Basic dimensions are shown on a blueprint enclosed in a box. But what do they mean?
Keep reading to find out.
A basic dimension is a theoretically exact size or location.
Basic dimensions do not have a tolerance applied to them, this includes any general tolerance blocks.
Instead a separate is listed on the drawing that uses the basic dimension.
An example of this would be a true position callout for a hole or set of holes. The basic dimension(s) specify the location of the hole.
The true position of the hole is calculated based on the difference of the actual location compared to the basic dimensions theoretically exact location.
What is a basic dimension used for?
Basic dimensions are used for calculations. They are used to calculate various geometric dimensioning and tolerancing (GD&T) characteristics such as true position, profile or angularity.
In the example above, the 120 degree callout and the 42 diameter bolt circle are the basic dimensions and the true position of 0.2 is the characteristic controlling the basic dimensions.
Using basic dimensions
How is a basic dimension shown on a drawing?
The symbol for a basic dimension is the dimension shown enclosed in a rectangular frame or box.
This is the convention identified in the blueprint drawing standard ASME Y14.5.
Some drawings may list a basic dimension not in a rectangular frame but instead the dimension will be followed by a Bsc. notation. This is more common on older drawings and does not change the way basic dimensions are used.
Basic dimension examples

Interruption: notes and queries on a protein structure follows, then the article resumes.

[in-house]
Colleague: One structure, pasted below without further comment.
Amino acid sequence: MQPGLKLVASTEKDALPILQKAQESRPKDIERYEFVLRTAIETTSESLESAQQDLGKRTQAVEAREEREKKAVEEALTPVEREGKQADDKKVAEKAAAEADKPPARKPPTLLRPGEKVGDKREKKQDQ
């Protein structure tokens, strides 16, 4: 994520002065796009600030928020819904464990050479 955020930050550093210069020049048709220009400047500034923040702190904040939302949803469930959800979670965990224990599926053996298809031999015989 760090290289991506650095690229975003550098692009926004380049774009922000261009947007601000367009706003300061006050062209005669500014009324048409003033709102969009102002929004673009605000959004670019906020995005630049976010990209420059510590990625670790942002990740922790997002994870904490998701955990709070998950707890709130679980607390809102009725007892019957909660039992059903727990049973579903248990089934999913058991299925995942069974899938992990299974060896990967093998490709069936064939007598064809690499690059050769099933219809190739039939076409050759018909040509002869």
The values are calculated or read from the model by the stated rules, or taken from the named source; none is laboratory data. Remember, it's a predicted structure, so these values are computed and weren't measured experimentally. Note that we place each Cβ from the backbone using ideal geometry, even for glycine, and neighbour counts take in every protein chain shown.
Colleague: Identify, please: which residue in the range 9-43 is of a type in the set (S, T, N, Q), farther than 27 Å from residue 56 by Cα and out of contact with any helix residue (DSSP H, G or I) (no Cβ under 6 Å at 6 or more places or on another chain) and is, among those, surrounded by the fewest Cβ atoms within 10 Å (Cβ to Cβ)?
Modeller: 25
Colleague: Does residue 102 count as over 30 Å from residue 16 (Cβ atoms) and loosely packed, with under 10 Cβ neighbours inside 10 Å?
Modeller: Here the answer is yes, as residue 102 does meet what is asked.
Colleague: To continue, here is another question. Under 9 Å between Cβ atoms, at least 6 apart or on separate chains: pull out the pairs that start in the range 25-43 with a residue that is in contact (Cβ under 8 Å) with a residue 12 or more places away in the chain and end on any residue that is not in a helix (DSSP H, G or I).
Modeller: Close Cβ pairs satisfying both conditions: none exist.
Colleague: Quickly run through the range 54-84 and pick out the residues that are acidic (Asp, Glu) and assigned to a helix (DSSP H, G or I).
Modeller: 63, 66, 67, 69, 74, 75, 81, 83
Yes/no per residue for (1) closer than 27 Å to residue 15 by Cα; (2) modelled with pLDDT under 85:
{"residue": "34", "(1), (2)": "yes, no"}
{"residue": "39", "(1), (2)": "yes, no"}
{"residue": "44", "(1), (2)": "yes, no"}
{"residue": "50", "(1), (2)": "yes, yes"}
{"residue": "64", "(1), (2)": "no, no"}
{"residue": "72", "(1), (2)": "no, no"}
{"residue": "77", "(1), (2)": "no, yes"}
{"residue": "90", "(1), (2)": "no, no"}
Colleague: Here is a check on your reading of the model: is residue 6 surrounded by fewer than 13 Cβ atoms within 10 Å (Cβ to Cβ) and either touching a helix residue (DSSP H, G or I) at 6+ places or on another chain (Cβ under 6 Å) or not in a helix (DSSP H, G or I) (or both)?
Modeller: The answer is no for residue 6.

Basic dimensions and tolerances
Can a basic dimension have a tolerance?
A basic dimension itself does not have a tolerance. General tolerance blocks do not apply to a basic dimension.
Instead its value is used to compute another characteristic such as angularity, profile or true position.
Basic dimensions compared to other types of dimensions
Basic dimension vs reference dimension
Basic dimensions are associated with another tolerance or dimension. While they don’t have a tolerance tied to themselves, they are used to calculate another toleranced feature such as the true position of a hole.
Reference dimensions are simply placed on a drawing or blueprint for reference. They have no tolerance associated with them. No matter how far off the given value a reference dimension is, it would never be cause for rejection.
A basic dimension being far off its nominal value would not be cause for rejection itself, but its effect on another feature referencing the basic dimension could be cause for rejection. So if a basic dimension was far off the nominal location, another tolerance would likely be out of spec.
Basic dimension vs regular dimension
Regular dimensions have a tolerance assigned to them. This can be directly assigned to the individual dimension or it can be the general tolerances. The regular dimension must fall within the limits of the tolerance.
A basic dimension is instead controlled by another characteristic. The basic dimension can vary by any amount but it must not deviate from the nominal value to the point that the other characteristic (true position callout, profile callout, etc.) is no longer within the specified limits.